The Alp again. Some say this is a tough ask but in reality tomorrow has more vertical metres and climbing the same route twice allows an extra touch of familiarity. This is a ski station finish, it’s hard but still a regular climb. The gradient levels towards the finish line meaning if a group arrives then pick the best sprinter.
Many riders will be warming-up before the stage start as the Col de Manse offers a brutal start to the day, a launchpad for a breakaway. Don’t be surprised to see familiar names in the move. Rui Costa might be on team duty but look for Pierre Rolland, Arnold Jeannesson, Romain Bardet and other French riders to try their luck. With foul weather there’s a good chance the move sticks as the bunch huddles in the rain, wrapped in billowing rain jackets.
Has Chris Froome won enough? I think if he comes to the finish with other riders he’ll be happy to let someone else win a stage but maybe he still fears being done over so he could ride away once again. But Alberto Contador, Nairo Quintana and Joaquim Rodriguez are obvious choices and if several arrive, Alejandro Valverde has the finishing speed. The weather will be an intruder. Froome says he’s learned lessons since losing Tirreno-Adriatico in glacial conditions last March.
I think tomorrow is the better chance to ambush the race, the succession of irregular climbs offers a repeat of the Pyrenean mania seen on Stage 9 to Bagnères de Bigorre. But three hard climbs and two delicate descents are not to be wasted given Saxo-Tinkoff and Movistar appear to have numerical superiority and this Tour is being raced very aggressively.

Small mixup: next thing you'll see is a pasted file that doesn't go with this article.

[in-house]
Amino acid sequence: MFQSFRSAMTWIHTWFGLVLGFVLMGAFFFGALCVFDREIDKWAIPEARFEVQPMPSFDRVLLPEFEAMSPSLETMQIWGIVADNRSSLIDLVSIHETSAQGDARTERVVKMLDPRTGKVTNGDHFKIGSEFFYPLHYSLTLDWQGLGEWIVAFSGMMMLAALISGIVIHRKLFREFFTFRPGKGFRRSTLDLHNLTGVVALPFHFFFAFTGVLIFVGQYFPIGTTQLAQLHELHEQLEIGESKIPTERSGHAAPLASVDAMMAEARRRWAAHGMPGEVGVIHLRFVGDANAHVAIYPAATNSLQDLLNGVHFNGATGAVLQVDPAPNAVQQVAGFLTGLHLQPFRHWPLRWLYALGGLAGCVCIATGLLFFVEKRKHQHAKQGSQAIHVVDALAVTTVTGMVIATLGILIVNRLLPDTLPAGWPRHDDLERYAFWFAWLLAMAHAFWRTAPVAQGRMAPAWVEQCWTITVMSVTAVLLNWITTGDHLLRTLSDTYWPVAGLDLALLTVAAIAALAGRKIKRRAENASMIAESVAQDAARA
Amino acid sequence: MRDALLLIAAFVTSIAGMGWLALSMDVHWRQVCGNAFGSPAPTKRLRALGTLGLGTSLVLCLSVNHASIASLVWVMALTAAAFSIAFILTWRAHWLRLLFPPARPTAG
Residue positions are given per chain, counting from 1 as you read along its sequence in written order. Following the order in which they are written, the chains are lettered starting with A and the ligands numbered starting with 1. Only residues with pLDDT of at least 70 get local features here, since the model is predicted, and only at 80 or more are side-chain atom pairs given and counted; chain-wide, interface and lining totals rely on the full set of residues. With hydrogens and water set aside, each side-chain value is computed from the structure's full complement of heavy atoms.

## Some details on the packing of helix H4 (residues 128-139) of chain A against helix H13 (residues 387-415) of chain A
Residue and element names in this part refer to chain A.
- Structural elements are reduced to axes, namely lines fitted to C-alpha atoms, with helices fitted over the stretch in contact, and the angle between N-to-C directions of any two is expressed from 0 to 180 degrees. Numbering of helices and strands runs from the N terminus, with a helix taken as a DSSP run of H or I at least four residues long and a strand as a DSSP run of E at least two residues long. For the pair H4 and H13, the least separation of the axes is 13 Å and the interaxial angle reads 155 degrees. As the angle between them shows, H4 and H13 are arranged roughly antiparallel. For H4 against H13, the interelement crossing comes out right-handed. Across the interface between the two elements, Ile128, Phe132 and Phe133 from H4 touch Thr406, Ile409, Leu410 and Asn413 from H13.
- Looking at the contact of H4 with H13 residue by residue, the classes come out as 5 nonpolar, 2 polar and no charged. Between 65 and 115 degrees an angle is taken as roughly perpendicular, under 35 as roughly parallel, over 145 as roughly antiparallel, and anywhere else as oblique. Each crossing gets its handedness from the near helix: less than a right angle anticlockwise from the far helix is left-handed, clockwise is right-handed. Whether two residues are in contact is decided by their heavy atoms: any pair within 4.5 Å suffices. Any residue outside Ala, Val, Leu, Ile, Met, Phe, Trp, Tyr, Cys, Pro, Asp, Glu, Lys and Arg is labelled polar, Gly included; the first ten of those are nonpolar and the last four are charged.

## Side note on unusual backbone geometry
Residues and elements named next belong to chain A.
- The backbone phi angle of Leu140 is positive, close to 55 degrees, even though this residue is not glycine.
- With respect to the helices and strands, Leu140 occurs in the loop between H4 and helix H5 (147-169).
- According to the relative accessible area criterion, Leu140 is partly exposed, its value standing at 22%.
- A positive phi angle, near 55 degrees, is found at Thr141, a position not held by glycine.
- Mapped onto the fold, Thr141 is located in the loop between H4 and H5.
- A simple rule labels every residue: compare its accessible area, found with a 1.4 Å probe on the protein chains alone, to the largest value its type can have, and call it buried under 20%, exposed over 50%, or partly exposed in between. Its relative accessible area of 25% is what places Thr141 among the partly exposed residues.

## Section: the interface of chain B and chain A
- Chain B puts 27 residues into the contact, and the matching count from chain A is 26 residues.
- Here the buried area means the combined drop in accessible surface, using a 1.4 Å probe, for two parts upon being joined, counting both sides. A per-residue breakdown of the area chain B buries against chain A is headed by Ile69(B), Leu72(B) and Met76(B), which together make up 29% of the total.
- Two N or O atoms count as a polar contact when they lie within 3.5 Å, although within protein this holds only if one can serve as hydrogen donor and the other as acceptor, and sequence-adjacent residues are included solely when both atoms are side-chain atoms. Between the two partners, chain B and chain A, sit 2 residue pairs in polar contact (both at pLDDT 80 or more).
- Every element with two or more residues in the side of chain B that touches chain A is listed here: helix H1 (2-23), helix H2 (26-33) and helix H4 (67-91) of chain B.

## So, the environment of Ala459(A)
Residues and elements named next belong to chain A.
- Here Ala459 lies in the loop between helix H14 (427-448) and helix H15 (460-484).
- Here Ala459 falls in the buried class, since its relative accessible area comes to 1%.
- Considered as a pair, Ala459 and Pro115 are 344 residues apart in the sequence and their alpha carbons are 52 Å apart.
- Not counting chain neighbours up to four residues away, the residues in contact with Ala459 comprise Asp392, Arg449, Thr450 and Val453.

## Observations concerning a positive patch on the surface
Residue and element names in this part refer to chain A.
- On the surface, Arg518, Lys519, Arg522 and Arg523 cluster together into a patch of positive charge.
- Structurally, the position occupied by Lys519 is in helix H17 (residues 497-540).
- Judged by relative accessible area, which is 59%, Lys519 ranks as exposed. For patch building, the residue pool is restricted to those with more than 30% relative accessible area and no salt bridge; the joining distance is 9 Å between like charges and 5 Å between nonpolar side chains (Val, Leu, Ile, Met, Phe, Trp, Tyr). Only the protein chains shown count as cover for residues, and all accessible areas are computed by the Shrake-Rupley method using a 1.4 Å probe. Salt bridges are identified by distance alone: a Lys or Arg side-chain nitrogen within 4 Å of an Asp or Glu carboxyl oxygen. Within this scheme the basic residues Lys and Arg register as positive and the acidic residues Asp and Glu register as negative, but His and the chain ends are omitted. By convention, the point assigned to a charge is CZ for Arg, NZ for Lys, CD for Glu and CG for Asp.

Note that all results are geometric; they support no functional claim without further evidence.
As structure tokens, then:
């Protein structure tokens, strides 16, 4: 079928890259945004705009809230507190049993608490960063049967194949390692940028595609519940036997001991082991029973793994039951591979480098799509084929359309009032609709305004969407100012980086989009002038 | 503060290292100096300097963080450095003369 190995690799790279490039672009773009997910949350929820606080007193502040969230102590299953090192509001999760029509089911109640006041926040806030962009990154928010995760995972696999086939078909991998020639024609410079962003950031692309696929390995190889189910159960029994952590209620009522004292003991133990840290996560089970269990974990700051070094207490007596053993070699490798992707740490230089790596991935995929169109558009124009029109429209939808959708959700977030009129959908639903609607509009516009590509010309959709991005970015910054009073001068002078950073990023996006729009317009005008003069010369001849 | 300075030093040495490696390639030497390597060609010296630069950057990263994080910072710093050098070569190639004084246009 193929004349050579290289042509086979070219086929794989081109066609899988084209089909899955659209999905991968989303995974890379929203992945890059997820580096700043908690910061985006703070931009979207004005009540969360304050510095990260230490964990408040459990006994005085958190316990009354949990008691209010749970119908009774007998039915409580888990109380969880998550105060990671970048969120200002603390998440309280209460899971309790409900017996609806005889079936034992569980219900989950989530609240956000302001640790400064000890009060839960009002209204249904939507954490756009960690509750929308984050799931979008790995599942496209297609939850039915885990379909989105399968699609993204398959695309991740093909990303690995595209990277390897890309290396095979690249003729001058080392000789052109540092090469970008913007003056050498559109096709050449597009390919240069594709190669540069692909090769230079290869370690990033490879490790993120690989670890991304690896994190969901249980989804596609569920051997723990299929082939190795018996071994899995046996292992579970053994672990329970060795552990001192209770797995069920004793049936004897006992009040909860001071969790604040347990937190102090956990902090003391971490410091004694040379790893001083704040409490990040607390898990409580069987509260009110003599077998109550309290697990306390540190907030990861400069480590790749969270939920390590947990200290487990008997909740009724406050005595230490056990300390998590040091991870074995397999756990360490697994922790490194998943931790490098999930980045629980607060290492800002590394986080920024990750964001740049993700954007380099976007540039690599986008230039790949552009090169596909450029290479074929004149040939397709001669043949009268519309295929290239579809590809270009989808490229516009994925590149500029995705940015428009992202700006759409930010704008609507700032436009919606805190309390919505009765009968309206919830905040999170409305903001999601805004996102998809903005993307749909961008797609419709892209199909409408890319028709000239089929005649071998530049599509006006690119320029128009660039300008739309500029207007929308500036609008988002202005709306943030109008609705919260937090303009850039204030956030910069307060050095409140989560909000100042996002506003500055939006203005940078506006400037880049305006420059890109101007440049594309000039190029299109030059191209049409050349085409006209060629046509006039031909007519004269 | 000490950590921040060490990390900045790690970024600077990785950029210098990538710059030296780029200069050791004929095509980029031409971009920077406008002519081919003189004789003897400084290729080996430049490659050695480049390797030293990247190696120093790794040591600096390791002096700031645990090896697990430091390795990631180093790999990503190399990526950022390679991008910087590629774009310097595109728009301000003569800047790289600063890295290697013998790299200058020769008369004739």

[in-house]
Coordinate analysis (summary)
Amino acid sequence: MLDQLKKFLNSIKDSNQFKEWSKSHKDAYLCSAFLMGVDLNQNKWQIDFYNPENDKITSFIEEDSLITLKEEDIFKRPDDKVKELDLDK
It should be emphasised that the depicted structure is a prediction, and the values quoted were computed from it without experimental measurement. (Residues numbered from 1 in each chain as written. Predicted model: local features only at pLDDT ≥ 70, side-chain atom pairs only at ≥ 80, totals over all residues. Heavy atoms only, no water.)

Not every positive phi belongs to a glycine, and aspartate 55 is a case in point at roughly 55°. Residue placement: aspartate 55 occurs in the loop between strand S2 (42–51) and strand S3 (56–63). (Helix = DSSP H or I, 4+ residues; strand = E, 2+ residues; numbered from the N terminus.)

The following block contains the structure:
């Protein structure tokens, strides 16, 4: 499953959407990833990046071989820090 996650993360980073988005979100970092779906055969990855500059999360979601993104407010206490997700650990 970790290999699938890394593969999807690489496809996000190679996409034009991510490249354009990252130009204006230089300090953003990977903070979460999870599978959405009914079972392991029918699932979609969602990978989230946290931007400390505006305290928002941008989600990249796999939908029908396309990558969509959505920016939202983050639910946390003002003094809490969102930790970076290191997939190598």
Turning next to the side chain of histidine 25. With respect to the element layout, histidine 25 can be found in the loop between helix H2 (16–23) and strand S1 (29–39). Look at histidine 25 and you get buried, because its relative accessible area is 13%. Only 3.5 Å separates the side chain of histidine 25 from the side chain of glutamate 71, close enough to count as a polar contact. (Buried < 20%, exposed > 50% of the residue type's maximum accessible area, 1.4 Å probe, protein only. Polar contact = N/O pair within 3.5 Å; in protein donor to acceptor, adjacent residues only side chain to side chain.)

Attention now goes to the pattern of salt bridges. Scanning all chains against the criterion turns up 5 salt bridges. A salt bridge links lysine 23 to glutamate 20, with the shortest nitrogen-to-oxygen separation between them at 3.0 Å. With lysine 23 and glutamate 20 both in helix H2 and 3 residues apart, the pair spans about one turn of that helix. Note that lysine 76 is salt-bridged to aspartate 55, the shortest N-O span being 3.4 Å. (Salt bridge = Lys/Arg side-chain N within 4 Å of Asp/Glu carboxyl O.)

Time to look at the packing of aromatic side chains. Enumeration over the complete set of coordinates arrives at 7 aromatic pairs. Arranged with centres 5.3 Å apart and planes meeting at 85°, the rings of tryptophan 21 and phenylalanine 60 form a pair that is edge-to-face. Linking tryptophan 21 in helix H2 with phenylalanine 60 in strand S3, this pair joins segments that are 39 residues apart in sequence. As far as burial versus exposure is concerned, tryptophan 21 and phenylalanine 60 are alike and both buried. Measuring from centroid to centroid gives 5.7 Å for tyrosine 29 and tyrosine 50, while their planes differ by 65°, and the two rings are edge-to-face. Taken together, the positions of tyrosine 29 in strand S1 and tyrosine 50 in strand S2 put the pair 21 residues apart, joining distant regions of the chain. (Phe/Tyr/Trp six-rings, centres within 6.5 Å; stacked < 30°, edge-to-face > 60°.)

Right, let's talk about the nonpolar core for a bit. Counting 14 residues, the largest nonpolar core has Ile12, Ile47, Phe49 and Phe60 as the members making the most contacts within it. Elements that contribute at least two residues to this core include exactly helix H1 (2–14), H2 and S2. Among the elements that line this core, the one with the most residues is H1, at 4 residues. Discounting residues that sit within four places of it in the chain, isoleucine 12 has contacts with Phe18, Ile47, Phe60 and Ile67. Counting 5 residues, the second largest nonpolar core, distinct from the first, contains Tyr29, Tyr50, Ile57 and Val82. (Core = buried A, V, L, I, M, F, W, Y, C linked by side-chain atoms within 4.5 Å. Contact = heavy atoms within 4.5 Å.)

Weather: the stage will start in sunny and warm conditions but quickly deteriorate. Stormy conditions return as the race crosses the high mountains. The forecast promises heavy showers, hail, wind and cloud in the mountains.
TV: the stage will be broadcast live from start to finish, 12.20pm to around 5.30pm Euro time. The riders are expected to start the first climb of Alpe d’Huez around 3.30pm.
Don’t worry too much about the weather. It might be grim for the riders but ASO and France Télévisions deploy considerable means to bring you the show. Whilst the Giro had problems with bad weather grounding the TV helicopters, the Tour also uses winged aircraft that fly in circles high above the race to act as relays for the TV signals, taking the feed from motorbikes and helicopters and relaying it to satellite and the broadcast trucks. These planes can fly at above the clouds and any bad weather.
Mythbusters: Alpe d’Huez is famous for its 21 hairpin bends but watch the stage carefully and you’ll actually count 23 hairpins between the valley floor and the finish line. It’s because there are 21 bends on the climb before you get to the ski resort of Alpe d’Huez but the race continues to finish on the outside of town on the traditional Avenue du Rif Nel.
Also this isn’t the first time the race climbs Alpe d’Huez twice. It was done in 1979… but via a split stage with one ascension in the morning and one in the afternoon.